Desire not to Desire

Wednesday, May 24, 2017 K.Z. Freeman 0 Comments



All human activity is ruled by desire. Every action is performed because of desire, and every wish-fulfillment activity made because of desire.

We can name the specific desires, of which there seem to be six main ones, each tied to the other with no end of one and no start of the other, but all of them depending on each other and fueling one another.

These are:

Continuation

Possessiveness

Vanity

Competition

Influence


But that's five, right? What's the sixth?

Continuation is the most basic and ties directly to our will to live and continue our existence. We shape our lives around the constant desire to continue our existence.

To continue our existence, the desire to possess things and hoard them within and around ourselves arises. Ideas, concepts, food, drink, partners.

To attract partners especially, and to incite what we call love, we employ vanity, which is a way of acting that involves and makes us go, in whatever way, “look at me.” Our actions towards our partners are always in some way cantered around what we get out of this relationship. Love arises as a result of knowing our actions can lead to benefits for ourselves. When this is no longer present in some way that seems meaningful to us, love no longer arises. To this you may say there are people that love boundlessly and get nothing in return. They do, they get the sensation of love, contentment, or feeling better about themselves etc.

Competition arises out of every human endeavor, a desire for being a step higher, morally superior, physically more capable, better lover, bigger bank account. All of these stem from the desire to be better and create competition and rivalry.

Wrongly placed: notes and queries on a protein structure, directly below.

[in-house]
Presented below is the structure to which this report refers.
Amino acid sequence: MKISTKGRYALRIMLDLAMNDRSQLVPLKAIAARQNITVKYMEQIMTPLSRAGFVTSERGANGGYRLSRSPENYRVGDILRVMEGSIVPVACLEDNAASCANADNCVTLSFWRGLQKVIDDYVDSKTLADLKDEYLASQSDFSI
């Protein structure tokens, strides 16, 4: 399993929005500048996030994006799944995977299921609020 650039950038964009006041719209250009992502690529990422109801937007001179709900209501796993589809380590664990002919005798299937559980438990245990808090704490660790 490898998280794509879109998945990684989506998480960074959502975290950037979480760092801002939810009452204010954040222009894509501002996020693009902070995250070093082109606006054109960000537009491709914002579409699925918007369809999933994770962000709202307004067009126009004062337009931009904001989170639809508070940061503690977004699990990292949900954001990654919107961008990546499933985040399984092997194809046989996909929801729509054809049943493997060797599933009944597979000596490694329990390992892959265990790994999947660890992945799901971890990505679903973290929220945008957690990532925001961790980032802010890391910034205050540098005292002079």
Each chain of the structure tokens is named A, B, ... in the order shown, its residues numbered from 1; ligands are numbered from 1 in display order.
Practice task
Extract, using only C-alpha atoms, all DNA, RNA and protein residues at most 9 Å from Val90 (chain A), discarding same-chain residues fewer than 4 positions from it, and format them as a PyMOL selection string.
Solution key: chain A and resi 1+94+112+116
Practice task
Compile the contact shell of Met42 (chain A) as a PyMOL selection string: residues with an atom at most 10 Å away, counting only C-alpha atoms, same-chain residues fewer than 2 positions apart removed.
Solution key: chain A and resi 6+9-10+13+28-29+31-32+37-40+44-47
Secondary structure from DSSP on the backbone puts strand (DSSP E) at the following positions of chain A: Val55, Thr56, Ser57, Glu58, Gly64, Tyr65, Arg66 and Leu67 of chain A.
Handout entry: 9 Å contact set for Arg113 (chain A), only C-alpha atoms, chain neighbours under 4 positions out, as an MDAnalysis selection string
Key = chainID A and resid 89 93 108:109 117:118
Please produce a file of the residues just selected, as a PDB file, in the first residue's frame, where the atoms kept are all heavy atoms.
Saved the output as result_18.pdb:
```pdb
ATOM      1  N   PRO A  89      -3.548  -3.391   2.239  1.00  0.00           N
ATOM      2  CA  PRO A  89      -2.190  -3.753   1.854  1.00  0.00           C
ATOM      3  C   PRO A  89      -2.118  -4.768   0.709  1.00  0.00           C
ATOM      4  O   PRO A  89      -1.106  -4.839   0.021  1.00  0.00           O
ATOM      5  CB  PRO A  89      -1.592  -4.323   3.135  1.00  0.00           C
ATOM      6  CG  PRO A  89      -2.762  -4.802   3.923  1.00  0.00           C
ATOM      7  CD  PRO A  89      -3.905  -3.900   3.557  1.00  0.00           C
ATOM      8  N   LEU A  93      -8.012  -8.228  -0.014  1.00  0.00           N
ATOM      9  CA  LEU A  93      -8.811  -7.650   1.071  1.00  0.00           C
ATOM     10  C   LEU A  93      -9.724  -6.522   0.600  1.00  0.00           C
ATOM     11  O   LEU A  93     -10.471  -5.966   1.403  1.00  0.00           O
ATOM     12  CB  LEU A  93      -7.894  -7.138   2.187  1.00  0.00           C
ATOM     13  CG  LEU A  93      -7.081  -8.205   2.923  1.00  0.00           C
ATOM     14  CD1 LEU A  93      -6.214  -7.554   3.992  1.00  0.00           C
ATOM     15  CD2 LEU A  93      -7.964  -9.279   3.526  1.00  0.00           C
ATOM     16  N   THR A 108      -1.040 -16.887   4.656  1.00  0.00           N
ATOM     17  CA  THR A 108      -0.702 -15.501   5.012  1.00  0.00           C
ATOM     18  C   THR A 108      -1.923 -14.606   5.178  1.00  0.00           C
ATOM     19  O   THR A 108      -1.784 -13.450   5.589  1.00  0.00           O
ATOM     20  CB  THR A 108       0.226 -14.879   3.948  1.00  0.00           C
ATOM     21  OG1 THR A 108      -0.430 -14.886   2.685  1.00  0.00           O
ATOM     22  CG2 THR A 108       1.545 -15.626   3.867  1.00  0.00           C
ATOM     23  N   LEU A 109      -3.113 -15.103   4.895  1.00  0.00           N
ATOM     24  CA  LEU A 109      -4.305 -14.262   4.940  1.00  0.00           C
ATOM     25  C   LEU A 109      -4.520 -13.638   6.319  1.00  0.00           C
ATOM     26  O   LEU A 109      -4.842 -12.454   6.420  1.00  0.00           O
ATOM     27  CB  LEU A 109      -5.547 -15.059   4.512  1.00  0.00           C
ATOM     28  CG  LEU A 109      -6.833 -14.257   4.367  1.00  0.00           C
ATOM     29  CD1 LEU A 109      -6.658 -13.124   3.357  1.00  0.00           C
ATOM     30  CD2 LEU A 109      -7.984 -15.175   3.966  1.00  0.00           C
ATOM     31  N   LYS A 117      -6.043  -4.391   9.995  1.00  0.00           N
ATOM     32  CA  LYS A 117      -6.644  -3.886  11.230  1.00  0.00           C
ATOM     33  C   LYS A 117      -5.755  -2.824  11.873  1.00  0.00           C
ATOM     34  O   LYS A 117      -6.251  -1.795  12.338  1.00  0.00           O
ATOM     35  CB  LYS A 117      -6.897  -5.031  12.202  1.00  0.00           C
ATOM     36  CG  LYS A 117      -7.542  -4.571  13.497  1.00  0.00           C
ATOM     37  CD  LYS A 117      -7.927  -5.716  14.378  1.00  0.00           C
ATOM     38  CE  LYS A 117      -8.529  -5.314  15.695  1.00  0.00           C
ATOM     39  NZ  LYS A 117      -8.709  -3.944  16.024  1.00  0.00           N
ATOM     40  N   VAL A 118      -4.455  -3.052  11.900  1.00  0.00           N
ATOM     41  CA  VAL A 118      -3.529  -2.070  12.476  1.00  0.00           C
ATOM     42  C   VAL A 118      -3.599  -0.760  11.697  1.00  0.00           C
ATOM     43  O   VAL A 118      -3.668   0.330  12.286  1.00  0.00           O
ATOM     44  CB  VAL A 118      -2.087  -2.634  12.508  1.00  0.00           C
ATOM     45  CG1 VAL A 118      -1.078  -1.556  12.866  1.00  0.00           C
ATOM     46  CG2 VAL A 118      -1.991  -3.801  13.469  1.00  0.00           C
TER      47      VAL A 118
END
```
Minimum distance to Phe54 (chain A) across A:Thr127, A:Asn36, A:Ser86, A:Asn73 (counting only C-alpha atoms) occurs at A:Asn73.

The last one is the desire for influence. All of us, on some level, either directly, philosophically or metaphysically, know our mind is shaped by other minds. And above all, consciously or unconsciously, we too begin to desire to have influence over other minds.

But there is one desire which precedes all desires and makes them possible in the first place.

It is the desire not to desire.

All of our mental and physical activity is cantered not around the five basic desires, but on the sixth desire, which is our desire to be free of desire.

Very early in our lives we figure out that no matter how many things we get, how much stuff and possession we buy, how much food we eat, how many women or men we get, how many minds we influence, or how much better we are at something than someone else, the same desire for all of these always remains. On some level we all figure this out very quickly, that these desires seem infinite. We are glad, for a time, that we have gotten the object of our desire, but never manage to figure out what we would have to get for that desire to cease.

Because the object of our desire is in the forefront of our mind, we are constantly fooled by the object, negating the subject and the psychological process of attainment of desire.

We fail to see that the contentment and peace we experience upon getting the object or subject of our desire came from being free of desire. This lasts for however long the previous desire is not replaced by a new one, and our desire to be free of desire begins again.





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